That's how bilateral negotiations. And don't forget that a Canada-EU deal arrangement would not be reached inside a vacuum. It surely is not a coincidence that Canadad is right next door to the U.S.


User currently offlineANother From , joined Dec 1969, posts, RR:
Reply 7, posted (7 years 7 months 3 weeks 1 day 22 hours ago) and read 1979 times:

Quoting Ikramerica (Reply 1):
Let's see if the EU demands Cabotage in Canada in order to have open skies, or if it's only something that America is required to concede...

IIRC Canadians allow up to 49% ownership of their airlines by non-Canadians. This is what the EU wants from the US, not cabotage.

Quoting Kaitak (Reply 2):
How Canada will respond will be interesting.

Actually this isn't the first step. Some months ago the EU approached Canada seeking to renegotiate the Community Air Carrier Clause into existing bilaterals. Canada responded that they would prefer to enter into much broader issues - for example a EU-wide open skies agreement.

What wasn't said in the EU press release is that the Commission does not have the mandate from the Member States to do this. They only have the mandate to negotiate the community air carrier clause. So it is up to the Member States to decide if they want the Commission to do this. We shall see.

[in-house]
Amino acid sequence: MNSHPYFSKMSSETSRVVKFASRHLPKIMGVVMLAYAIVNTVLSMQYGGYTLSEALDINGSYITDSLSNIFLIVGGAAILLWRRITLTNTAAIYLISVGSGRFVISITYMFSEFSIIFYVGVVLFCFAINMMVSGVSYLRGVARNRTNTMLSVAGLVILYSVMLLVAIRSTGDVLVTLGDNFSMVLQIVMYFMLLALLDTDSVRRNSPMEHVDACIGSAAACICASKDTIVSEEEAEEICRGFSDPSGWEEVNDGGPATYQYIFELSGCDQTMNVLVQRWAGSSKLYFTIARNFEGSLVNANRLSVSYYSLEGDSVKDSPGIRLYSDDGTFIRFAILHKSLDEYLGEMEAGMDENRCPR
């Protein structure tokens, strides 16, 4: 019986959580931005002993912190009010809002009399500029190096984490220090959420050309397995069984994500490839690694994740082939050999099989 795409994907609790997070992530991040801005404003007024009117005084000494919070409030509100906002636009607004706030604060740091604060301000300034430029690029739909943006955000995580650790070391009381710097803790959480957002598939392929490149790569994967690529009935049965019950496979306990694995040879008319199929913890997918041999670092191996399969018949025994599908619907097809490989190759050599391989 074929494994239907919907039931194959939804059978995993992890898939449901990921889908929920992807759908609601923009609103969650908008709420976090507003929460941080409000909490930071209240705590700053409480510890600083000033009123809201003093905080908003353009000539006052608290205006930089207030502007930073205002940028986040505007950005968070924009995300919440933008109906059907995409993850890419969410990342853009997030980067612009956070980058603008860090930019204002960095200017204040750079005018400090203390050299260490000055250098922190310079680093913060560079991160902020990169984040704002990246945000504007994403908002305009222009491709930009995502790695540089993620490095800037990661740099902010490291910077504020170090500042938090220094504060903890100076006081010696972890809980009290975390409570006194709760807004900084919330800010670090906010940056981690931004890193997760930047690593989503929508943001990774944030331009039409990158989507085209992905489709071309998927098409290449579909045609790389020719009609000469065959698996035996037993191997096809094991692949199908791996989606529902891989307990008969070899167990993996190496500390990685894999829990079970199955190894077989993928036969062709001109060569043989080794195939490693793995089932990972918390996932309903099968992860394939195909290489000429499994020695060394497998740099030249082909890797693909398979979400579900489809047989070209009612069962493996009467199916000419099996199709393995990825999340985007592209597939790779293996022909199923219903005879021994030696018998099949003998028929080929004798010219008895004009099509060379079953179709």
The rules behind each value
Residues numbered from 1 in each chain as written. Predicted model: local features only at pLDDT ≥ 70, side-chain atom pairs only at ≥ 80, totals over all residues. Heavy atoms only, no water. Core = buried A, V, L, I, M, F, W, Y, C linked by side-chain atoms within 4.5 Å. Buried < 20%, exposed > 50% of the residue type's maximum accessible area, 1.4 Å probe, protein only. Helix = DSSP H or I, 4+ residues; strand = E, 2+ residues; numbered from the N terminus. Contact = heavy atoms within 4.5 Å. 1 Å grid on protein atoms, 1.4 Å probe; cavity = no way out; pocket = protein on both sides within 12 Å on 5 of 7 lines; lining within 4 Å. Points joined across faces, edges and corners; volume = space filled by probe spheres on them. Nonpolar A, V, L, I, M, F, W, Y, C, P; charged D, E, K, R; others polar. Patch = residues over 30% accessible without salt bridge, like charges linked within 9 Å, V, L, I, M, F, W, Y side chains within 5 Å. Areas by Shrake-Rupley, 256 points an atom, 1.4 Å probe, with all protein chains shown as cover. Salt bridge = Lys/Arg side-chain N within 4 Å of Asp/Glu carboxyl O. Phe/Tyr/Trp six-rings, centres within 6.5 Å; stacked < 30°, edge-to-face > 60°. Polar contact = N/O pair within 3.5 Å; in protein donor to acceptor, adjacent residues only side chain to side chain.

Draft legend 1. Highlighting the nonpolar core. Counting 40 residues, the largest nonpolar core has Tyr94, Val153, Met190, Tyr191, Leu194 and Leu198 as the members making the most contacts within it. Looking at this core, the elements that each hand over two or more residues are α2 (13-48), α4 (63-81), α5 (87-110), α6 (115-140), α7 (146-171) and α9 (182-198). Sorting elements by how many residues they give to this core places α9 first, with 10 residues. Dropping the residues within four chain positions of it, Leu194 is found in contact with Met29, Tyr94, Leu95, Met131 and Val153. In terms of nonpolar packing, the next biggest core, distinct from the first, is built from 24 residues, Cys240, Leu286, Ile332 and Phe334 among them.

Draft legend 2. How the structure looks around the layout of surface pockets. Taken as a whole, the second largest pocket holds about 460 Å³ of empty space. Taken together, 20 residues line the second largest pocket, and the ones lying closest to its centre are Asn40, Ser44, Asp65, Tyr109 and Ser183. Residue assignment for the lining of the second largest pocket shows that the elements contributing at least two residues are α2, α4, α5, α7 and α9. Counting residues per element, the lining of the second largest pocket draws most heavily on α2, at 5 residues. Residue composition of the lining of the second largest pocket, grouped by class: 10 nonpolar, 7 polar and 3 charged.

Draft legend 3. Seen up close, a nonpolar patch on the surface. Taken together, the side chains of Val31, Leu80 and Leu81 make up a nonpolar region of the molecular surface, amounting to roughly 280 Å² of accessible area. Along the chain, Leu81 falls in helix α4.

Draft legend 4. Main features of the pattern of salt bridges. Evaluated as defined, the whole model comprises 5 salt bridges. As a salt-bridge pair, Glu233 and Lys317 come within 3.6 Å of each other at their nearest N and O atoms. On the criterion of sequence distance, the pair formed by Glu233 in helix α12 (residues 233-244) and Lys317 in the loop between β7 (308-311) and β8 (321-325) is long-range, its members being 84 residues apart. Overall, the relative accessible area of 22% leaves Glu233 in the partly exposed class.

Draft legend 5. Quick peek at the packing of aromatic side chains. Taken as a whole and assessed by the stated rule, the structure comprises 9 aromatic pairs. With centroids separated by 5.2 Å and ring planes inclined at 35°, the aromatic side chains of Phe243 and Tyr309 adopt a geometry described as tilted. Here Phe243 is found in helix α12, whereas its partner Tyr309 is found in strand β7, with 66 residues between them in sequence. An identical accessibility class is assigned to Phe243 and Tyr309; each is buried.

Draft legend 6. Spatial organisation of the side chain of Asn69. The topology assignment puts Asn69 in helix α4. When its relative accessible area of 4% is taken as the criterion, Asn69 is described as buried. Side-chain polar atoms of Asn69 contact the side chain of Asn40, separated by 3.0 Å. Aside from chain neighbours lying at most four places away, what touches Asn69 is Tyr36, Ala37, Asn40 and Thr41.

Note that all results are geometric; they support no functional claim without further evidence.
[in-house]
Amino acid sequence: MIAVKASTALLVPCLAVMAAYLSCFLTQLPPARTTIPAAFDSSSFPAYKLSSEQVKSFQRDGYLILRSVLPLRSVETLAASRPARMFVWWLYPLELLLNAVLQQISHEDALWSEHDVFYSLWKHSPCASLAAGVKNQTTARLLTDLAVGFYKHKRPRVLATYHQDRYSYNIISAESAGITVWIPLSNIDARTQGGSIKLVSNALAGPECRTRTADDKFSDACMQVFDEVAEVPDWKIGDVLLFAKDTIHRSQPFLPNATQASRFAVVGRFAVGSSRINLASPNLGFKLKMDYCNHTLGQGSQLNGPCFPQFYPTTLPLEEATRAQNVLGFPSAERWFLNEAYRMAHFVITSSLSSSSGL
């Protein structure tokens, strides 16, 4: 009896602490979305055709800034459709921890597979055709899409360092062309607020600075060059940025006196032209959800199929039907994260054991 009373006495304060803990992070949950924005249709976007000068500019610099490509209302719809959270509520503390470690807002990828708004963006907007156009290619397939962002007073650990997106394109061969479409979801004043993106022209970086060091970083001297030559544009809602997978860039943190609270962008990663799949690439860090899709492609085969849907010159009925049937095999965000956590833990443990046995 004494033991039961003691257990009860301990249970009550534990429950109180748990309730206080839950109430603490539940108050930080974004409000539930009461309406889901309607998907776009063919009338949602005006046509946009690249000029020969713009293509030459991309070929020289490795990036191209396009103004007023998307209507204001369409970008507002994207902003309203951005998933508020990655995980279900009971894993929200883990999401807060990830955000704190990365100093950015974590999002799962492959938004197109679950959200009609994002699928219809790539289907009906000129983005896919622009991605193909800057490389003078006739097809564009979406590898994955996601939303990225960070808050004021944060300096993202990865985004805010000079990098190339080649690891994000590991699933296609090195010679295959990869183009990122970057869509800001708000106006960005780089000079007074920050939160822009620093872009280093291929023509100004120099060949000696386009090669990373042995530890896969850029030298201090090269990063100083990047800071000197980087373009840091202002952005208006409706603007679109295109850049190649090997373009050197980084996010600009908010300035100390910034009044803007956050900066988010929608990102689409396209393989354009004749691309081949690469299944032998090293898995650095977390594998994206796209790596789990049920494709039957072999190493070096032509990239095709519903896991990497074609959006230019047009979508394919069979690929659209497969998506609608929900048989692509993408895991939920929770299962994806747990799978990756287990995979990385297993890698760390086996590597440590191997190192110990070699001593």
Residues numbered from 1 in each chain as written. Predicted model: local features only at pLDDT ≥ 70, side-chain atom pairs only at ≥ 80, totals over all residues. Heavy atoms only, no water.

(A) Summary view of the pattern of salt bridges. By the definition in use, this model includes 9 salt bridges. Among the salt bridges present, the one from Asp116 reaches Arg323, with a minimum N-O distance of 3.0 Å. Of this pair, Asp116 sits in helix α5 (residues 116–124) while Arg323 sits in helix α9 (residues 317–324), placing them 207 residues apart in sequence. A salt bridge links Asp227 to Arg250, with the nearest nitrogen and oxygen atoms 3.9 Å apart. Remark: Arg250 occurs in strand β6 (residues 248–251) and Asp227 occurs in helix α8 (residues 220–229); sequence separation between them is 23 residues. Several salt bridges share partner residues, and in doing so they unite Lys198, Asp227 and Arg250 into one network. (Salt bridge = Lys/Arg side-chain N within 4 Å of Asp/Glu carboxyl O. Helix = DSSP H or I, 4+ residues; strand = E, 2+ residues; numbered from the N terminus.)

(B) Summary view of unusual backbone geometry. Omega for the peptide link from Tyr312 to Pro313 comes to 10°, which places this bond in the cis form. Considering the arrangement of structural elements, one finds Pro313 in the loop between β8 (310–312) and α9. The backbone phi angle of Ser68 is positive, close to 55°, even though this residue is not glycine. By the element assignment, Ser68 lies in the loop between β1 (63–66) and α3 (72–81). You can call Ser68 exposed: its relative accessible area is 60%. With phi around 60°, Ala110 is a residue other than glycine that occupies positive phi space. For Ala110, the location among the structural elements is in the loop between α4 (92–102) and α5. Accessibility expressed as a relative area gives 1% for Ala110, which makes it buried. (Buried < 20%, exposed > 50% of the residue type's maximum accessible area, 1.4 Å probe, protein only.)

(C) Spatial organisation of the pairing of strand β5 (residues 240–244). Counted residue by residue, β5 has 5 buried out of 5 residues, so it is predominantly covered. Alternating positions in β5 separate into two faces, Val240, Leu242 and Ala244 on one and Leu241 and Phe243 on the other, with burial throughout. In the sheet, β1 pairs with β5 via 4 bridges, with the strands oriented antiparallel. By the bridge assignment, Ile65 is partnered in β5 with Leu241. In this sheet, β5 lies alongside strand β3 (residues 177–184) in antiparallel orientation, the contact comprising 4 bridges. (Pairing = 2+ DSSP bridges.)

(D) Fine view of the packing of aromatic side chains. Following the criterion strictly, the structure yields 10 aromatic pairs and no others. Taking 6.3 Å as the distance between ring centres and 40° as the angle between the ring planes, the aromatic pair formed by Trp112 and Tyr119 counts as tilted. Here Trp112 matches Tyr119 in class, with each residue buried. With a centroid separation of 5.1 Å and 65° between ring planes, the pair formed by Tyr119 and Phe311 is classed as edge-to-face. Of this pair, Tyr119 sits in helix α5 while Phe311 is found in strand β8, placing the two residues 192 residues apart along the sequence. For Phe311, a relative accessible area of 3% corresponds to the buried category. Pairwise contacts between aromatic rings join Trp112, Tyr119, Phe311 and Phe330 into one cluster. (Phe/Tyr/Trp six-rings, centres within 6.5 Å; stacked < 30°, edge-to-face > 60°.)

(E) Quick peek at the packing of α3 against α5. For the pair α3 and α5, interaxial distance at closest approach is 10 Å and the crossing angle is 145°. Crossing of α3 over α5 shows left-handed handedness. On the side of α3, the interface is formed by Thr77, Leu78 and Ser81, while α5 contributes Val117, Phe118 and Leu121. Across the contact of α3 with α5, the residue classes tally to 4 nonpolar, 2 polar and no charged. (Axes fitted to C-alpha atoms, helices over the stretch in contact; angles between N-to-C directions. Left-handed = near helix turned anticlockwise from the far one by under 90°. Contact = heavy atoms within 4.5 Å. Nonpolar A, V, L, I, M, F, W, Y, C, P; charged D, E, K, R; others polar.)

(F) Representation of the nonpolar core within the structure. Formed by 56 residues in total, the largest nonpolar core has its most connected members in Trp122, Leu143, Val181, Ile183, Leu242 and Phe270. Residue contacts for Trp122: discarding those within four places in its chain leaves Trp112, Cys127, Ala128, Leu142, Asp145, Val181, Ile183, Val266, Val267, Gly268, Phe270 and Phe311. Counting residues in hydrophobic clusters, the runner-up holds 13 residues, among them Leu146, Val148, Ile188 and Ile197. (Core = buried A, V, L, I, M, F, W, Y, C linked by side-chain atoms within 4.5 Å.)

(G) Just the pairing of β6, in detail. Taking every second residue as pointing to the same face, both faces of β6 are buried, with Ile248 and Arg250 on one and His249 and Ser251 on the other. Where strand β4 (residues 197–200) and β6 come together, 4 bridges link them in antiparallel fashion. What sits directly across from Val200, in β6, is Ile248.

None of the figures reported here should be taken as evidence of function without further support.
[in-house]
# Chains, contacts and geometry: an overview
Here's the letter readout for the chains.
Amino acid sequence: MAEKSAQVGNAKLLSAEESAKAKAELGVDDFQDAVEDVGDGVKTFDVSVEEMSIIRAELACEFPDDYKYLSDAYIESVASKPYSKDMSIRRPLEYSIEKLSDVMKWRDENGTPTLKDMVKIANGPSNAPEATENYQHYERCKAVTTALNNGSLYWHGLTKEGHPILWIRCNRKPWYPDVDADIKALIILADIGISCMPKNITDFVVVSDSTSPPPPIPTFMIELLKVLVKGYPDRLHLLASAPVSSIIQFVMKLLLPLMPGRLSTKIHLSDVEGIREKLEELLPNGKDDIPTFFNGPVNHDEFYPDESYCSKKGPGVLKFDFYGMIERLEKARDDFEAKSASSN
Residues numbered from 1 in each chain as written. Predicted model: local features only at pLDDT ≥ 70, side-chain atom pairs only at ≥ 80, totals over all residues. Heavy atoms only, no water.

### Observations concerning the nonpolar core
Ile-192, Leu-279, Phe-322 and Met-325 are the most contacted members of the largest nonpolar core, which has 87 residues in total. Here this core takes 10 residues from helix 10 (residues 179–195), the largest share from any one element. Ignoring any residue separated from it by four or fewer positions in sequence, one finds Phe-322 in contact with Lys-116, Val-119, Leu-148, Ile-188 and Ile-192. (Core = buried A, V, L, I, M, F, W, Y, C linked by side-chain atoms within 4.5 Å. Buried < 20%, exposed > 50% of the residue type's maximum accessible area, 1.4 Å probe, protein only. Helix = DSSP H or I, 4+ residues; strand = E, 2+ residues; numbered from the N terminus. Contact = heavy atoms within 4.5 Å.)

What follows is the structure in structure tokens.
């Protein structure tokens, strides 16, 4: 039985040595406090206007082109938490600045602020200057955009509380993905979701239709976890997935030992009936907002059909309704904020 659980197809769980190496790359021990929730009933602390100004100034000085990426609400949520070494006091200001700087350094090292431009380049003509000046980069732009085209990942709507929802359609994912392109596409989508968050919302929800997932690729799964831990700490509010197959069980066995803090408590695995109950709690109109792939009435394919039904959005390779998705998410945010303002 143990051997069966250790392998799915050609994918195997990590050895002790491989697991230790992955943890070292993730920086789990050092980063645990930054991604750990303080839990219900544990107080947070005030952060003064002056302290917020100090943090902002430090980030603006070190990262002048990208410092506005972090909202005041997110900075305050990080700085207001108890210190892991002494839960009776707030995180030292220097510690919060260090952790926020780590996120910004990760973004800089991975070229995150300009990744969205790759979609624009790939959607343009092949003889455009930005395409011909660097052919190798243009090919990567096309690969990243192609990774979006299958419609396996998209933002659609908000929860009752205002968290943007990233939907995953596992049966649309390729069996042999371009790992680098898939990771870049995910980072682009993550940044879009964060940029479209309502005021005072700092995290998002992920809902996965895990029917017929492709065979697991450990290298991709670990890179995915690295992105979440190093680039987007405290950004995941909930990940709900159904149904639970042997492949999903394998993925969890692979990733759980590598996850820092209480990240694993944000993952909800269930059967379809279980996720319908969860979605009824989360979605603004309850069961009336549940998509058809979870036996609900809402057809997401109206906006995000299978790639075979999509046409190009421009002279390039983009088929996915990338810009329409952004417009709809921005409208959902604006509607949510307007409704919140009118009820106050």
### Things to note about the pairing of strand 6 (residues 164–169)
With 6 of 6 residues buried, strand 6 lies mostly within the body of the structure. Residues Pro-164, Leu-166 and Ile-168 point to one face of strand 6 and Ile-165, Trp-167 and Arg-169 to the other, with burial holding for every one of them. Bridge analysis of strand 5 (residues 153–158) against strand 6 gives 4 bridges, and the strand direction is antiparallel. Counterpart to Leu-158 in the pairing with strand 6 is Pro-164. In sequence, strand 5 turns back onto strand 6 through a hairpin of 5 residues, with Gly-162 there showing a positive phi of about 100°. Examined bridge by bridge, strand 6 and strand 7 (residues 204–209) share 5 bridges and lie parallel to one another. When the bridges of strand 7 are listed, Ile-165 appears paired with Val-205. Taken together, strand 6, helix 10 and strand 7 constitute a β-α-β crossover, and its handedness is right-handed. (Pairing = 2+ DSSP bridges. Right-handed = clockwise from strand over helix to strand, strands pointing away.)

User currently offlineANother From , joined Dec 1969, posts, RR:
Reply 8, posted (7 years 7 months 3 weeks 1 day 20 hours ago) and read 1947 times:

Here is the press release from the Canadians. As you can see the European Commission needs to obtain a 'Manadate' from the Council of Ministers before proceeding.

It appears the Canadians are willing and able, lets see about the Europeans.


User currently offlineKaitak From Ireland, joined Aug 1999, 12432 posts, RR: 37
Reply 9, posted (7 years 7 months 2 weeks 3 days 9 hours ago) and read 1798 times:

Here's an article from this week's Flight International on this issue; the EU is (according to this article) hoping to use the talks with Canada to persuade the Americans to move forward:

http://www.flightglobal.com/Articles...uld+help+revive+US+open+skies.html